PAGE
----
So, I needed something to serve as a mold for these pastry shells. I considered a muffin pan, but decided the cups would be too small.


How about a hamburger bun pan?


I calculated I needed rounds about 5 3/4" in diameter to fit into the cups of the pan. So, working with half the chilled dough, I rolled a 1/8"-thick circle, about 13" in diameter.

I used a 5 1/2"-diameter (close enough) plate to mark the dough, then cut it out with a pizza wheel.

Yes, I was cutting on my silicone mat. And don't worry, I was careful not to press down too hard.

I settled the rounds into the pan; pricked them so they wouldn't puff, and baked them until brown.

One big problem, as you can see: the dough slid down the sides of the cups and settled into the bottom.


Regroup. Yeah, I could do the typical prebake thing and fill each one with beans or rice to anchor the dough, but... too much work.

Light dawns on Marblehead! How about if I press the rounds onto the outside of the cups, and bake them upside-down? Make gravity work in my favor.


Luckily, I still had the other half of the dough in the fridge. I rolled it out, marked it with the plate, and cut four shells.

Then I re-rolled the scraps and, using a slightly smaller plastic lid, made "caps" for the pastry shells.


I gently pressed the larger rounds onto the bottom of the pan. Pricked them all over, to help prevent puffing.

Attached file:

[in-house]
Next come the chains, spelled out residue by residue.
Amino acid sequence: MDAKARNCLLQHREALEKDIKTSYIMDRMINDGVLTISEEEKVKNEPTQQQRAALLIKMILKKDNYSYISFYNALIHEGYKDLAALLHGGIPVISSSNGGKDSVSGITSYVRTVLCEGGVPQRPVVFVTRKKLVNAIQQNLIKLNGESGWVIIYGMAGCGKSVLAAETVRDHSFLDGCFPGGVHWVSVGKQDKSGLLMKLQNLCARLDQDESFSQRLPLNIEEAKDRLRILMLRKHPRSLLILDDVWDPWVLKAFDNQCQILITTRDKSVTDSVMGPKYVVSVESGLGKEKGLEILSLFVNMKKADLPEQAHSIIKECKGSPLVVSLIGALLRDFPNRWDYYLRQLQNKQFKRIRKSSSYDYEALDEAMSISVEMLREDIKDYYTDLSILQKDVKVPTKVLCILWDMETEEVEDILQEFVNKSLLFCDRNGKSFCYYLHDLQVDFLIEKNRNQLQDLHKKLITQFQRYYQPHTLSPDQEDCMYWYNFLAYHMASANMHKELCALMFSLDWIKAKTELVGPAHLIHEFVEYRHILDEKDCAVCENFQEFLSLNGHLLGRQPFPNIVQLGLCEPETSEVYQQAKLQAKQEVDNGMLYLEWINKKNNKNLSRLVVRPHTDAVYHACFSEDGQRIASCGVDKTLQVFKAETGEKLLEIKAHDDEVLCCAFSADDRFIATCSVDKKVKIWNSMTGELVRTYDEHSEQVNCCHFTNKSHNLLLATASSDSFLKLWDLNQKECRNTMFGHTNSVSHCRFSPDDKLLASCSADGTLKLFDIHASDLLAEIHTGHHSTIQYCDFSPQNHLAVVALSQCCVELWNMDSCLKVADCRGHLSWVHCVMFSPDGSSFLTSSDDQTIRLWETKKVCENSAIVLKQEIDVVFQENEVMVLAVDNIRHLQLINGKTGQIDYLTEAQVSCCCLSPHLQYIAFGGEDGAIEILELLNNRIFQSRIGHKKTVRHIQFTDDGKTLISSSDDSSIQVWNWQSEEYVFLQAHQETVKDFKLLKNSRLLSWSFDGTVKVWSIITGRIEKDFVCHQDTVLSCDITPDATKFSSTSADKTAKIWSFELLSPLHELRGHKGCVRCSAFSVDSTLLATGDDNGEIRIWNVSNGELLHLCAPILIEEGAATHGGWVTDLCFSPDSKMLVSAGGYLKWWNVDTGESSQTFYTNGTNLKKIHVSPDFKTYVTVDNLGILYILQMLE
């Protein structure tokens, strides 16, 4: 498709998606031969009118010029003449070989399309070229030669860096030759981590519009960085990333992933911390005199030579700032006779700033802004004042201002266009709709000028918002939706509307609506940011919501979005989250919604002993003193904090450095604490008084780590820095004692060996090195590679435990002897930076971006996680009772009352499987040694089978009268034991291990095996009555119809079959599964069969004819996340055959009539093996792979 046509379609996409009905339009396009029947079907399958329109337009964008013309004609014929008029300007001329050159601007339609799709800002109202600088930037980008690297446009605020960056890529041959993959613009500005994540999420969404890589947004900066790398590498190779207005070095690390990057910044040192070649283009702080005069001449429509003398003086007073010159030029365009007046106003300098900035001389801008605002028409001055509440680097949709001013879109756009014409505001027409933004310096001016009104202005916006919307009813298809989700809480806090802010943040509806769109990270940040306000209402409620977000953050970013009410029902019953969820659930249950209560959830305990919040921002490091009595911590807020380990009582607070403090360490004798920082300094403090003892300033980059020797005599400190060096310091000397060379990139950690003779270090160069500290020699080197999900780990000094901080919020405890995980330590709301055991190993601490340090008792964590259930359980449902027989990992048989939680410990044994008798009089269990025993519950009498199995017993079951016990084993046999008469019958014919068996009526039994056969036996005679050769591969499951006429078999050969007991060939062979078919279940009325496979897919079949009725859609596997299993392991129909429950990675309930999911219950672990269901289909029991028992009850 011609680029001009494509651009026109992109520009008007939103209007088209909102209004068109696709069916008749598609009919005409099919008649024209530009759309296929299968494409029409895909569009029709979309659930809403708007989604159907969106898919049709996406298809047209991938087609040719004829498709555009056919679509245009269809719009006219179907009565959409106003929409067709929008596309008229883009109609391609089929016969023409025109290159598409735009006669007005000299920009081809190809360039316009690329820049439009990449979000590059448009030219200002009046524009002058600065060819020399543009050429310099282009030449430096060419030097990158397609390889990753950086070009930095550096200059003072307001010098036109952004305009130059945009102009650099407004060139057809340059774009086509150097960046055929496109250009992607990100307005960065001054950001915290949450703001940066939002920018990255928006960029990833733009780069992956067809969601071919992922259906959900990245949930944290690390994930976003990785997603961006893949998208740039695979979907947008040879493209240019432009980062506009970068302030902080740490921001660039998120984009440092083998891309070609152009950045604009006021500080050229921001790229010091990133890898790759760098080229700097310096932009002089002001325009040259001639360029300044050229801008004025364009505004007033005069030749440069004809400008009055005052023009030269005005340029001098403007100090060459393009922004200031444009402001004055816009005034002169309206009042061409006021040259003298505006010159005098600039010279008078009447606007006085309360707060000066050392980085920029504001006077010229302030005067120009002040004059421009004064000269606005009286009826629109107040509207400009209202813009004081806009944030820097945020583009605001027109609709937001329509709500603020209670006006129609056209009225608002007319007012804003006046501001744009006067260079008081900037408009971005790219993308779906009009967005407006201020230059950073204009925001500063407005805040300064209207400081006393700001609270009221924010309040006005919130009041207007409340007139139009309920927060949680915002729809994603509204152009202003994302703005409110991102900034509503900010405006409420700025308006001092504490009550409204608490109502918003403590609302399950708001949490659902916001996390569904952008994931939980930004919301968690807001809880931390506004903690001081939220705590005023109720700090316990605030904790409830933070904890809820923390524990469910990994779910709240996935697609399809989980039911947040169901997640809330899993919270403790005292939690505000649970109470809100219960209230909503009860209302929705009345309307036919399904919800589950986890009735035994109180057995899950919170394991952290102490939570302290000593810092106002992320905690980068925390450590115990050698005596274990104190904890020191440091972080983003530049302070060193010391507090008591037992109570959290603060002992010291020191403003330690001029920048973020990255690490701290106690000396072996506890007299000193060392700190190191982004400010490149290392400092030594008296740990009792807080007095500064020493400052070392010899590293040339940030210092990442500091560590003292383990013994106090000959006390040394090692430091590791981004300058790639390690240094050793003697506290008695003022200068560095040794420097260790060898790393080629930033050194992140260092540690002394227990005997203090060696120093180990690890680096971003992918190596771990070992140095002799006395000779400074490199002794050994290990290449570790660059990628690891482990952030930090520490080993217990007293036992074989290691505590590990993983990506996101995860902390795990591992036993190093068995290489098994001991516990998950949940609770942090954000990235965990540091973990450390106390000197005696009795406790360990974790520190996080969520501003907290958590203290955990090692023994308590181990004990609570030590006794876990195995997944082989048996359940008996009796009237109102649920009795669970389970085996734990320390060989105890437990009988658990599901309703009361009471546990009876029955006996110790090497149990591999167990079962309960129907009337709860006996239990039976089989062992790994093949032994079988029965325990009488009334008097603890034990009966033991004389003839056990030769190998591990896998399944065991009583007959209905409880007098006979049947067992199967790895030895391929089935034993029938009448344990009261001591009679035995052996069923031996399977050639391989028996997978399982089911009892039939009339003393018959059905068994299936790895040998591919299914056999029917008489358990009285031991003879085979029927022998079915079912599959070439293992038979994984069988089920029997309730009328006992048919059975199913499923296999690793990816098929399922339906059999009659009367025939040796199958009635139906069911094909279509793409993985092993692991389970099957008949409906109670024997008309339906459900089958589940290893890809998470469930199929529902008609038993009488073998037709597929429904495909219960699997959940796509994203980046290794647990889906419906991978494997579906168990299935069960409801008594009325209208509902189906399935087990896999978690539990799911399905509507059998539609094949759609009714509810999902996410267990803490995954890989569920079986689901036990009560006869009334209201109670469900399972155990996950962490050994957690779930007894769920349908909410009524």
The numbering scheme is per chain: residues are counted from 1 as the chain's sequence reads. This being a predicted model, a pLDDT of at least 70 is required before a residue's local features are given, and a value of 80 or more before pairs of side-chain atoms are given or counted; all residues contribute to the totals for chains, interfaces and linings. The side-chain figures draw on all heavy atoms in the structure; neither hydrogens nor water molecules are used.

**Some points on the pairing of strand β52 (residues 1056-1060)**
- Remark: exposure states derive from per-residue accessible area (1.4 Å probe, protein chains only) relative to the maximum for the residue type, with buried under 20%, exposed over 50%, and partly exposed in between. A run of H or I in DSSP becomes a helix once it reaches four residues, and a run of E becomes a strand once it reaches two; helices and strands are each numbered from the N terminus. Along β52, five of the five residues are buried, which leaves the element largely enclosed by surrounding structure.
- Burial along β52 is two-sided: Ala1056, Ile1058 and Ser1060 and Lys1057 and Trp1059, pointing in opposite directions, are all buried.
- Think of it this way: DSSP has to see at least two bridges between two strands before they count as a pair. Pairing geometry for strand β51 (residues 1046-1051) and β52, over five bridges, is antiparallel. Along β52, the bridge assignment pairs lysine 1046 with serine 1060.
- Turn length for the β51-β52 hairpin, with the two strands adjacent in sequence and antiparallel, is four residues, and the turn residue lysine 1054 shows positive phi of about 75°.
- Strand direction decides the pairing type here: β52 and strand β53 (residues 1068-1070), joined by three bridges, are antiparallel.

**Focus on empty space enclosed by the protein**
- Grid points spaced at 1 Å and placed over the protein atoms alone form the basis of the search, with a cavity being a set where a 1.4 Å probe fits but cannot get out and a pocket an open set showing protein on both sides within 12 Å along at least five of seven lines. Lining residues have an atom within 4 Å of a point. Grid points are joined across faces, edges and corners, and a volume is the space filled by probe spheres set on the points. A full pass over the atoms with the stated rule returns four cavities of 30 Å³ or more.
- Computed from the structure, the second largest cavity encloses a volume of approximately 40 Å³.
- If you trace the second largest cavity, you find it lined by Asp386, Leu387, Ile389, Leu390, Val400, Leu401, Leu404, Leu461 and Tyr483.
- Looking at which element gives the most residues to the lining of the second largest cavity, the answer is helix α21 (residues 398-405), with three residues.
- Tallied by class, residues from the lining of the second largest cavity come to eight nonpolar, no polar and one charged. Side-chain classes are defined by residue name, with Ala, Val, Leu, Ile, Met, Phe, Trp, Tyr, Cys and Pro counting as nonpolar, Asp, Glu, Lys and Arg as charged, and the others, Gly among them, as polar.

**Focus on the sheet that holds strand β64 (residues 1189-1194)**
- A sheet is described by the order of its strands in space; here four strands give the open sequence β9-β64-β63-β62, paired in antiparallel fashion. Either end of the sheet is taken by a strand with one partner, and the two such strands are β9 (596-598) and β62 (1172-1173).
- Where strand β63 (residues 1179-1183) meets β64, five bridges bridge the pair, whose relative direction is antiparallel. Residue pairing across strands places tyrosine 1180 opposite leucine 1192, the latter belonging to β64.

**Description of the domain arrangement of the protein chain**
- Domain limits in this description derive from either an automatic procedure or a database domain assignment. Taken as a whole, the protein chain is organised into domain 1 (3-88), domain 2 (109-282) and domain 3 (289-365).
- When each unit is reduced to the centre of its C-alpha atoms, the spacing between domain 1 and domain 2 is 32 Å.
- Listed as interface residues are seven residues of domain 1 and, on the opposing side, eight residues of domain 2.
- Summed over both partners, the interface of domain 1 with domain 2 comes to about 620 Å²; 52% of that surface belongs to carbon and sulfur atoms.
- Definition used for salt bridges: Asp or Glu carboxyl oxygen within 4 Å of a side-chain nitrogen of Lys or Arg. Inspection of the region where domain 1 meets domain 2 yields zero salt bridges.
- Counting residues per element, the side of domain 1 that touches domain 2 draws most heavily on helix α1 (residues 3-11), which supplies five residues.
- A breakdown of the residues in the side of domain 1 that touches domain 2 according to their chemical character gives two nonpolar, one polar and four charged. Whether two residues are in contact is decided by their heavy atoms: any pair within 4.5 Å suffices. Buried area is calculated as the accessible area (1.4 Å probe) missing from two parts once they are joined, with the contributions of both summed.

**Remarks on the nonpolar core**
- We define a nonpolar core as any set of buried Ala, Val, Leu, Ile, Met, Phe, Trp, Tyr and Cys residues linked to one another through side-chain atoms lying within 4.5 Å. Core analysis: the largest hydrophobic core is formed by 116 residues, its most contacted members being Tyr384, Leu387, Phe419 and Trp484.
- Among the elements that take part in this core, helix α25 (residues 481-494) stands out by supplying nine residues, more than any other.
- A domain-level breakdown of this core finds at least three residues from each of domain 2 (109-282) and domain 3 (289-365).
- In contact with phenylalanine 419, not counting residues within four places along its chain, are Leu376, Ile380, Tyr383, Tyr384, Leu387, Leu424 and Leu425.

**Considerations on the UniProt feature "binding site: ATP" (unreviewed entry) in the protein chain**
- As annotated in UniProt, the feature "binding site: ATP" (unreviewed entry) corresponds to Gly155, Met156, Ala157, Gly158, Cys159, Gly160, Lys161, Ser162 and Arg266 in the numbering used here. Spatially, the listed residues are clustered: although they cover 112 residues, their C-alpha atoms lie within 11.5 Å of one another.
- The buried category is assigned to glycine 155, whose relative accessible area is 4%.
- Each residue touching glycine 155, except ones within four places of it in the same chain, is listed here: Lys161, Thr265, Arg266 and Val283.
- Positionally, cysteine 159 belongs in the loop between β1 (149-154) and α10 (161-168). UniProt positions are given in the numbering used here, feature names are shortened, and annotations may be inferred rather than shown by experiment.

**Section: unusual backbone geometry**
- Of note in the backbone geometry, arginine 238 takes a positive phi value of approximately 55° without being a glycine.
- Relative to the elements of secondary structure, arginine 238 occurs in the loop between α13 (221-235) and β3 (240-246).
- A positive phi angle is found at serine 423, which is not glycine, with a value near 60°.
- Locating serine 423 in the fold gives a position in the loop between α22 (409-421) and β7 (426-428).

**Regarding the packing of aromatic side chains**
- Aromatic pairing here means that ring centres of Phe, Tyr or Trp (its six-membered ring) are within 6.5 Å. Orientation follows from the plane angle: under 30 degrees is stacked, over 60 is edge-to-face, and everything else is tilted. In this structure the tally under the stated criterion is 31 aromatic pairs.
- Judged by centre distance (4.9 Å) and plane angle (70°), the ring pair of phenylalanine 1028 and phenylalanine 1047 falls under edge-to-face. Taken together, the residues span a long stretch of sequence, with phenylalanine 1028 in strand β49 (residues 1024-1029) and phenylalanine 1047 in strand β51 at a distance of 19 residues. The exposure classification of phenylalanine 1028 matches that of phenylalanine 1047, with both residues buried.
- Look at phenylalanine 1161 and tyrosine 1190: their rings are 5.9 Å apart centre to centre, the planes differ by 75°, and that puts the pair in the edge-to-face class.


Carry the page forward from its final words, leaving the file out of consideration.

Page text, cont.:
Placed the caps on a parchment-lned baking sheet, and pricked them, too.

Baked everything in a preheated 425°F oven for 12 to 14 minutes, until crisp and golden.

Took the shells and caps out of the oven. Well, not bad; that hole in the bottom appeared because I actually nicked the dough with the knife, and didn't bother to fix it.


Shells and caps, ready to go.

Now that I've tried the hamburger bun pan, BTW, I believe you could actually make these shells on the underside of a standard muffin pan, as well. They'd be a lot smaller, but sometimes – for those counting their calories – smaller is better.


Next, the chicken filling. Feel free to use your own favorite chicken pot pie filling, but if you don't have a recipe you love, try this:

Melt 2 tablespoons butter in a saucepan; add 3 tablespoons King Arthur Unbleached All-Purpose Flour and 3/4 teaspoon salt. Stir until combined.

Whisk in 2 cups milk, or a combination of milk and chicken stock. Add a tablespoon of sherry, too, if you like; I love sherry with chicken. Stir until smooth, then simmer until the mixture starts to thicken.

Stir in 1 teaspoon herbes de Provence (or your favorite combination of dried herbs, and/or a touch of poultry seasoning), 2 cups diced cooked chicken, and 2 cups cooked mixed vegetables or peas/carrots (I used frozen/cooked). Heat until very hot.

Tip: about 1 1/4 pounds boneless chicken breasts or thighs will yield about 2 cups diced cooked chicken.

At last! Set the table, dinner's almost ready.


Divide the filling among the four shells. Top each with its pastry cap.


Serve. Be magically transported back to 1963. Enjoy.

I swear, I can feel Betty Furness looking down from heaven and smiling!

Want to make your own puff pastry shells? Try our recipe for Fast and Easy Puff Pastry.

What's your favorite childhood comfort food? Share your thoughts in "comments," below.

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About PJ Hamel

PJ Hamel grew up in New England, graduated from Brown University, and was an award-winning Maine journalist (favorite topics: sports and food) before joining King Arthur Flour in 1990. Hired to write the newly launched Baker’s Catalogue, PJ became the small but growing company’s sixth employee.    ...